A student club at the American University of Beirut has canceled an event that was set to feature two speakers who strongly oppose homosexuality and promote "conversion therapy."

The Insight Club released a statement on its Facebook page on Tuesday, saying that the event, titled "Homosexuality and the Challenges of Modernity" had been canceled after significant pressure from the student body. 

"Our lecture stands under the title of homosexuality, but speaks in the name of all the ideological clash we face as some unacceptable values invade our society [sic]," the statement said. The club also criticized those who opposed the lecture as attacking "freedom of speech."

Activists took issue with the criticism, arguing that the marginalization of the LGBTQ+ community in Lebanon is a reality that seriously affects public health. 

"When it comes to health, freedom of speech can't be used as an excuse to promote false information and misconceptions," Dr. Omar Fattal, a board member of the Lebanese Medical Association for Sexual Health, told StepFeed. 

"It's very important to stick to evidence based information when discussing any health related topic," he said. 

The two speakers are medical practitioners with staunchly anti LGBTQ views. 

In an interview with a Moroccan website, Dr. Raef Rida said he believes that homosexuals suffer from a mental illness and has previously argued in support of using shock therapy and other forms of conversion therapy, which has often been classified as torture, to "cure" LGBTQ individuals. 

The other speaker, Dr. Raafat Mikati, has previously voiced opposition to civil marriage, gender equality, and the Universal Declaration of Human Rights. He has also expressed fears that the creation of a secular state in Lebanon will lead to legalizing same sex marriage. You can listen for yourselves here.

"It can be very dangerous to offer people who don't have the right qualifications or who have been known to endorse antiquated views on a certain topic a forum to propagate their views," Fattal said. He explained that LebMASH had contacted several key people at AUB to raise concerns about the speakers' backgrounds and qualifications. 

Students from AUB's Gender and Sexuality Club had launched an online petition against the lecture, garnering more than 670 signatures at the time of writing.

"Both of these medical practitioners have highly problematic views and work ethics, which contradict international and domestic recommendations, and are not in line with scientific advancements in Psychology and Psychiatry over the last few decades," the petition said.

Following the news that the event had been canceled, the Gender and Sexuality Club released a statement expressing relief that the "deeply homophobic event" had been canceled.

"Let us be clear: freedom of speech is not freedom to oppress. Homophobia and hate speech should never be given a platform in AUB, and failure to recognize their harmful effects has resulted in the backlash that the Insight Club has experienced over the past few days," the club said in the statement posted to its Facebook page.

The student newspaper AUB Outlook had also come out against the event.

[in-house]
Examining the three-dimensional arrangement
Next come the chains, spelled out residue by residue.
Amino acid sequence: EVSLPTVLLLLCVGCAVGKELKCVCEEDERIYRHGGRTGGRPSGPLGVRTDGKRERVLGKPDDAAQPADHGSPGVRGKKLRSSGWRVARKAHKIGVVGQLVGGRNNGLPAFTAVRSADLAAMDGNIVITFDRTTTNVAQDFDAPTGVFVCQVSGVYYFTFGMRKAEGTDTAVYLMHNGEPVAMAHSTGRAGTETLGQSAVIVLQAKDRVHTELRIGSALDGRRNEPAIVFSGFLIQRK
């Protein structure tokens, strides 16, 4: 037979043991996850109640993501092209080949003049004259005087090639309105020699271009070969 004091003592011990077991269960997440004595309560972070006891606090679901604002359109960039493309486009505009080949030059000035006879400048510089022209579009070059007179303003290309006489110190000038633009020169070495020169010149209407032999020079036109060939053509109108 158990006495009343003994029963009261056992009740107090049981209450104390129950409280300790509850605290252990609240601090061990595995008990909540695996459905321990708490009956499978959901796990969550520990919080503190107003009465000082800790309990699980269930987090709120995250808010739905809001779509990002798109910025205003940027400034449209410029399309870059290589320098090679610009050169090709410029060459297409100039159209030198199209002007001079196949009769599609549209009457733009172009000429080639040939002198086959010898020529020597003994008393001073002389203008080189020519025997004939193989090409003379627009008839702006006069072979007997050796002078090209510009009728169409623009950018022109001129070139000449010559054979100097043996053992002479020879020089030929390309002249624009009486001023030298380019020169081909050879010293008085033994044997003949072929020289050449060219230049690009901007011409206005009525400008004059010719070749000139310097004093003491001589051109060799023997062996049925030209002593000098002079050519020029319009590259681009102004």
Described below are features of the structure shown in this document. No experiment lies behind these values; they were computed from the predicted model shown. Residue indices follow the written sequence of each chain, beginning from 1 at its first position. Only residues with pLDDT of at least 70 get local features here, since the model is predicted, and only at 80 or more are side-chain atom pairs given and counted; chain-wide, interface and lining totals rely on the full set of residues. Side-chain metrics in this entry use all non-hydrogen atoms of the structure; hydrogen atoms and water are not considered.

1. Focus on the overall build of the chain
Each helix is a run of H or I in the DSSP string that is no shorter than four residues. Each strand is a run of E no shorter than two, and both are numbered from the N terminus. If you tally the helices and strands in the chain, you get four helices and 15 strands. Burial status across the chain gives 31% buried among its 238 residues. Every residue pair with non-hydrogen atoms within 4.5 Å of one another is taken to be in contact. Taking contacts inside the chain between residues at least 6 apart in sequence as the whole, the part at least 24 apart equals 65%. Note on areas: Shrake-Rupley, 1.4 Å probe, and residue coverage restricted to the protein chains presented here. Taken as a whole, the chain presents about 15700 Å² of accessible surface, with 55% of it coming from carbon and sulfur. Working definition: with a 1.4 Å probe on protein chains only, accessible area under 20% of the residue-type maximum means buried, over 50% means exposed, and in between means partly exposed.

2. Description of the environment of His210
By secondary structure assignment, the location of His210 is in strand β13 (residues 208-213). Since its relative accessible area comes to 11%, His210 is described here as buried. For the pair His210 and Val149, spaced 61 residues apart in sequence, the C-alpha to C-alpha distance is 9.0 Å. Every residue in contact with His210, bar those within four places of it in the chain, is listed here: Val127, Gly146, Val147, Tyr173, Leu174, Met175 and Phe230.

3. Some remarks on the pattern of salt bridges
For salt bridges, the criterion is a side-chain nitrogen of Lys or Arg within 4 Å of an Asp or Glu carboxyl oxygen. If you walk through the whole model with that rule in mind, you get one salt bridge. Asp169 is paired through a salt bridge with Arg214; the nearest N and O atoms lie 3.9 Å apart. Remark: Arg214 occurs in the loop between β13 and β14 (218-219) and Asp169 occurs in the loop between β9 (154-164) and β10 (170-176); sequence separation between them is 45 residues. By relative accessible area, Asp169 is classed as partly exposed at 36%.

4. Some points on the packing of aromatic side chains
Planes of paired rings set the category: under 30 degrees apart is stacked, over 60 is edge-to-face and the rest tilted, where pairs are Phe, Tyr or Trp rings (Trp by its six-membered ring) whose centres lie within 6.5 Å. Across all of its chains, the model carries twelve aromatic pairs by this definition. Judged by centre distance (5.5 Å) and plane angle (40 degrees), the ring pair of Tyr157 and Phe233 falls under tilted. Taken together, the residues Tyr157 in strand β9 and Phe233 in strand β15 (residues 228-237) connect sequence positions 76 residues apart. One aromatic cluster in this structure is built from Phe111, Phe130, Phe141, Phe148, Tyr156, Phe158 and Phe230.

"Although AUB encourages freedom of thought and dialogue, even that has its limits –which is something that Outlook has learned through 67 years of trial and error. Today, the Editorial Board has made the judgement that this event risks veering into hate speech by negatively categorizing the LGBTQ+ community and reinforcing its subordination," the newspapers editorial team said in a statement on its website.

Fattal also pointed out that the speakers views on homosexuality do not even align with several prominent Lebanese medical organizations.

"Their published views on homosexuality and conversion therapy don't align with modern science and don't align with the official views of the Lebanese Psychiatric Society or the Lebanese Psychological Association," he said. 

The Lebanese Psychiatric Society stated that homosexuality is not a mental disorder and does not need to be treated in 2013 and called for the abolition of Article 534, which says sexual acts that "contradict the laws of nature" can be punished by up to one year in prison, in 2015.

In 2012, the Lebanese Order of Physicians banned doctors from conducting the infamous "egg test," which involves inserting a metal egg-shaped object into the rectum of suspected homosexuals. The bizarre test has been and is still used by some to "test" whether someone has had anal sex. Any member of the order now faces disciplinary measures if they are found to be conducting the test. 

Lebanon's Ministry of Justice echoed its support to the physician's ban, asking public prosecutors to follow suit. With all of these developments over the past few years, some have speculated that Lebanon is on the path to decriminalizing homosexuality.

"Any rhetoric that fosters the idea that homosexuality is a mental illness or that it needs to be cured; views that have been abandoned by modern medicine a long time ago and by the World Health Organization as well as the Lebanese official psychiatric and psychological associations, only contribute to further stigmatization and marginalization of LGBT people, putting individuals at higher risk for HIV, mental health issues, and lack of health care services," Fattal said.  

"It is therefore everyone's responsibility to put an end to this negative rhetoric in order to protect the health of LGBT people," he added.